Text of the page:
After the slow, expressive adagio of the approach, one enters the building for a moderato: the diagonal steps and the offset secondary steps to their side lead us to the main floor. These secondary steps set up a provocative backbeat rhythm that resolves itself into the rapid, upward movement of the building’s main stair. The movement established by the central corridor of the earlier building, Science Building I, is reinterpreted with a slightly contracted columnar bay in the new building, establishing a series of paired columns framing a view outward, beyond the campus, down to the Waterworks Park. But despite this brief, melodic continuity established with its predecessor, the diagonal of approach continues subtly into the new building, first with the entry stairs, then as a triplet of walls leading us around a corner and into a large meeting space, a belvedere ambiguously inside and outside the building, with a grand view to the park and a podium awaiting either a sculpture or a speaker. This has its counterpoint in a smaller salon diagonally across a hall, the one we saw from the exterior, observing the space of entry. The corridor has a thickened wall on one side, an illusion of density embellished by the canted edges of the recessed doorways; this wall is a basso continuo of sorts, producing its own, more ponderous rhythm suggesting the large classrooms, and countered by the more rapid rhythm of the offices and seminar rooms on the other side.
This hall ends with another window, similar to the one that terminates the older building’s central corridor. This one, however, looks southward, across a court toward a small propylaeum: a peculiar and slightly mysterious construction with its four columns in the centers of its sides, it’s a gateway welcoming us back outside and around the corner, down some steps, and onto the large terraced space that hosts the west elevation.
The west elevation is what one might consider the building’s major facade, although it has hardly any entrance to speak of (except for an eccentric portal in its base, centered on a massive concrete column, suggestive of the rustication inferred by the entire base). This facade provides a conclusive allegro to the building’s composition: there’s not only a quick recapitulation of all the motifs one’s seen before—the square windows, the fragments of a loggia, the overhanging base—but they are all reorganized and resituated with primary and secondary motifs, multiple rhythms, window-types skipping about in continuously evolving counterpoint, and subtle shadows accentuating the composition throughout. It is a composition that choreographs the eye and the mind.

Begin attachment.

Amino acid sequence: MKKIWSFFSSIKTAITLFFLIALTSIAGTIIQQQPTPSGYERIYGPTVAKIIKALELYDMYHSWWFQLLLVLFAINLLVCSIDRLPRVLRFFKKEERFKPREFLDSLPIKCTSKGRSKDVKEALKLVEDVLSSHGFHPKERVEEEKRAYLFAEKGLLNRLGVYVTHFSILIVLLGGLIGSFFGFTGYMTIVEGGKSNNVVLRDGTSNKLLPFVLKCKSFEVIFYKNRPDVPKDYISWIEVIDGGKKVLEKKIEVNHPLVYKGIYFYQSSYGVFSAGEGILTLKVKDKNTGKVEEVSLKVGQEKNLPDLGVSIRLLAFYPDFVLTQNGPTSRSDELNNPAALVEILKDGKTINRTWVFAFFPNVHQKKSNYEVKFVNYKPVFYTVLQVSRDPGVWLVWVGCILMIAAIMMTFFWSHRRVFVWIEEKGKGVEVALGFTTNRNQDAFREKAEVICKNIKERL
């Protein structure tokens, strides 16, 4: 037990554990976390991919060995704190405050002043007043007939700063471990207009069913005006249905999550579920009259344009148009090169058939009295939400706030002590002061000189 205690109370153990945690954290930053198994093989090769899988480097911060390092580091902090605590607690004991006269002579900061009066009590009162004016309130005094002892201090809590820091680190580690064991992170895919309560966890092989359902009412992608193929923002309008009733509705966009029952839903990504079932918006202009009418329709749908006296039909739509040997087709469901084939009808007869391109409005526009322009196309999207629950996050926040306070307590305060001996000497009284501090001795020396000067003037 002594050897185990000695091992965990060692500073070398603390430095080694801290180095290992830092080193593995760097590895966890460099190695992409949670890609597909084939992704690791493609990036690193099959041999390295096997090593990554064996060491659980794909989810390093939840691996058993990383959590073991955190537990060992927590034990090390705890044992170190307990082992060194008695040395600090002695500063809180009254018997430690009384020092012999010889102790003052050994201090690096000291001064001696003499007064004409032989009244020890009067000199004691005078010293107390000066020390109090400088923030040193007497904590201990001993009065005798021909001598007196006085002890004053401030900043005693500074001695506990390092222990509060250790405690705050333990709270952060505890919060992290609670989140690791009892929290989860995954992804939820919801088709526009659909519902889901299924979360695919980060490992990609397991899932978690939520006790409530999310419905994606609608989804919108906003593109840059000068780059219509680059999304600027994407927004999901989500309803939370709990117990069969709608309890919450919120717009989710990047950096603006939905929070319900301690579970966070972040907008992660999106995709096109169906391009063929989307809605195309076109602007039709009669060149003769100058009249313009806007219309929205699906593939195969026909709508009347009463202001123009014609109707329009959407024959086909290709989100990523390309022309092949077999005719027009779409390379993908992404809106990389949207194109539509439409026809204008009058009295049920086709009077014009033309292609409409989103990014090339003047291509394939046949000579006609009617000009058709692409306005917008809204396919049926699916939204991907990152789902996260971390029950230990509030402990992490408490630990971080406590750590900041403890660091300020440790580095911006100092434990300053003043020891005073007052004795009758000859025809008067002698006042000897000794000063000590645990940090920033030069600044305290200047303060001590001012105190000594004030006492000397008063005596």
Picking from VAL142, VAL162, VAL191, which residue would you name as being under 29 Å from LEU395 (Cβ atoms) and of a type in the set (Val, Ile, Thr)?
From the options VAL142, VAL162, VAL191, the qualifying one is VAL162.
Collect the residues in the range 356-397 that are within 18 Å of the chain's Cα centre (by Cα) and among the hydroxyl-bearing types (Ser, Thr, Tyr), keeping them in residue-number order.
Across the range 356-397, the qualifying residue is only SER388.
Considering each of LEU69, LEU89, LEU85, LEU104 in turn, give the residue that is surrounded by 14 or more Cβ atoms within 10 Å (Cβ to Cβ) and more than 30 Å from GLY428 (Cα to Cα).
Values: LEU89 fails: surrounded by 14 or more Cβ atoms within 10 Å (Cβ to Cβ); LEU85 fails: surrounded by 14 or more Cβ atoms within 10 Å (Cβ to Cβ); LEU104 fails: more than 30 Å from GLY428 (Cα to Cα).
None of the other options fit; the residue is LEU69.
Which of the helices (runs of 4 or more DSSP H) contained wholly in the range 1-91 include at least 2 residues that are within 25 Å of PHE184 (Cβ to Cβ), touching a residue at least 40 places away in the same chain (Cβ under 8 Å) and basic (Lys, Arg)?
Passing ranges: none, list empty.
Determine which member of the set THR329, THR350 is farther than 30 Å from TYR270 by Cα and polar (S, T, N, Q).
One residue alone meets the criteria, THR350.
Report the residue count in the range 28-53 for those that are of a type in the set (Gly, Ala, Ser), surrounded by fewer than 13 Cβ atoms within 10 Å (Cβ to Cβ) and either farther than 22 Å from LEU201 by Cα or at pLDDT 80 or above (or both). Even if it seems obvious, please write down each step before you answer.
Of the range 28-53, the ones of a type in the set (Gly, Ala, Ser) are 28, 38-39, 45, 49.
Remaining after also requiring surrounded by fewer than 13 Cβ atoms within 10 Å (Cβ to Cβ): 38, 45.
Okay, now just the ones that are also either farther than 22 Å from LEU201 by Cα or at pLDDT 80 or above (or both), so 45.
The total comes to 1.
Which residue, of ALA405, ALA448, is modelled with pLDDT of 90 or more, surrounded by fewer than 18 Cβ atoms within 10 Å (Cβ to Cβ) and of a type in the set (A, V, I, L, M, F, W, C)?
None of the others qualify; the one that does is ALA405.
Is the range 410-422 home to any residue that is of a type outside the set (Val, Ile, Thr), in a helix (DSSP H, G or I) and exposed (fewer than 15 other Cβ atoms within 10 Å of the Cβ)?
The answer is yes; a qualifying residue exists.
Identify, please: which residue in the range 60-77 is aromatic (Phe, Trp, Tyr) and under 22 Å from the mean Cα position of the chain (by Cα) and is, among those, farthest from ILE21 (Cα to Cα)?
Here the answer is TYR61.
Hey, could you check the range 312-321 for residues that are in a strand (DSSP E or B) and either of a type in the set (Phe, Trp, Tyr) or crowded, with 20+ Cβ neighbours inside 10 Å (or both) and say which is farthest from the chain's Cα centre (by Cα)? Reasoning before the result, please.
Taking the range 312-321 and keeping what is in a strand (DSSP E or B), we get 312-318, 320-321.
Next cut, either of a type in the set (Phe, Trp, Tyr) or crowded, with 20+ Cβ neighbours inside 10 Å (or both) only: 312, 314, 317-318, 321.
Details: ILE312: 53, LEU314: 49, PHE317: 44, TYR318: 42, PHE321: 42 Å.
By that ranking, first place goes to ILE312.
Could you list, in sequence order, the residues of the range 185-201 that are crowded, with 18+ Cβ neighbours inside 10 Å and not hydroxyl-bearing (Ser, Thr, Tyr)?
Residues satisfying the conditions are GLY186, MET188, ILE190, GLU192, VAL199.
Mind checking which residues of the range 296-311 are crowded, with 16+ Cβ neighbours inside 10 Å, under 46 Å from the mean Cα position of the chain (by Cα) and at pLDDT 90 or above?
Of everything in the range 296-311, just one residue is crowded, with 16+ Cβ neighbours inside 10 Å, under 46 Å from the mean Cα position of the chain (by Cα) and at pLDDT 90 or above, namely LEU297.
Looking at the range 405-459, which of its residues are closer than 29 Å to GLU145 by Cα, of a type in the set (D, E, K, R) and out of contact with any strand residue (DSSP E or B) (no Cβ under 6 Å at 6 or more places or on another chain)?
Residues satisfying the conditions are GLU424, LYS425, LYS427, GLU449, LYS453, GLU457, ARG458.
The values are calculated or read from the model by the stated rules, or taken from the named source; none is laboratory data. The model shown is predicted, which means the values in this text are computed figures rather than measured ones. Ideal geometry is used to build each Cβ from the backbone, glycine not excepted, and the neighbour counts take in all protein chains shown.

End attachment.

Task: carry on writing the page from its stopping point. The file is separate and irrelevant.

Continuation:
When taken as a whole, the architectural oeuvre of Werner Seligmann can be seen as an evolutionary exposition of the expressive manipulation of modern architectural form. With their evocative historical precedents, their calculated elevational compositions, and their complex interplay of interior and exterior spaces always scaled for the presence of the individual, the work parallels his pedagogical inventions. What can perhaps be most appreciated in these works, though, is their optimistic commitment to the notion that the merits of modernism need not be wholly lost. In the pedagogy of Seligmann’s work, modernism remains an open-ended project challenging contemporary theories while inviting further discovery.
Introduction page 16
Fig 15 Detail, Science Building II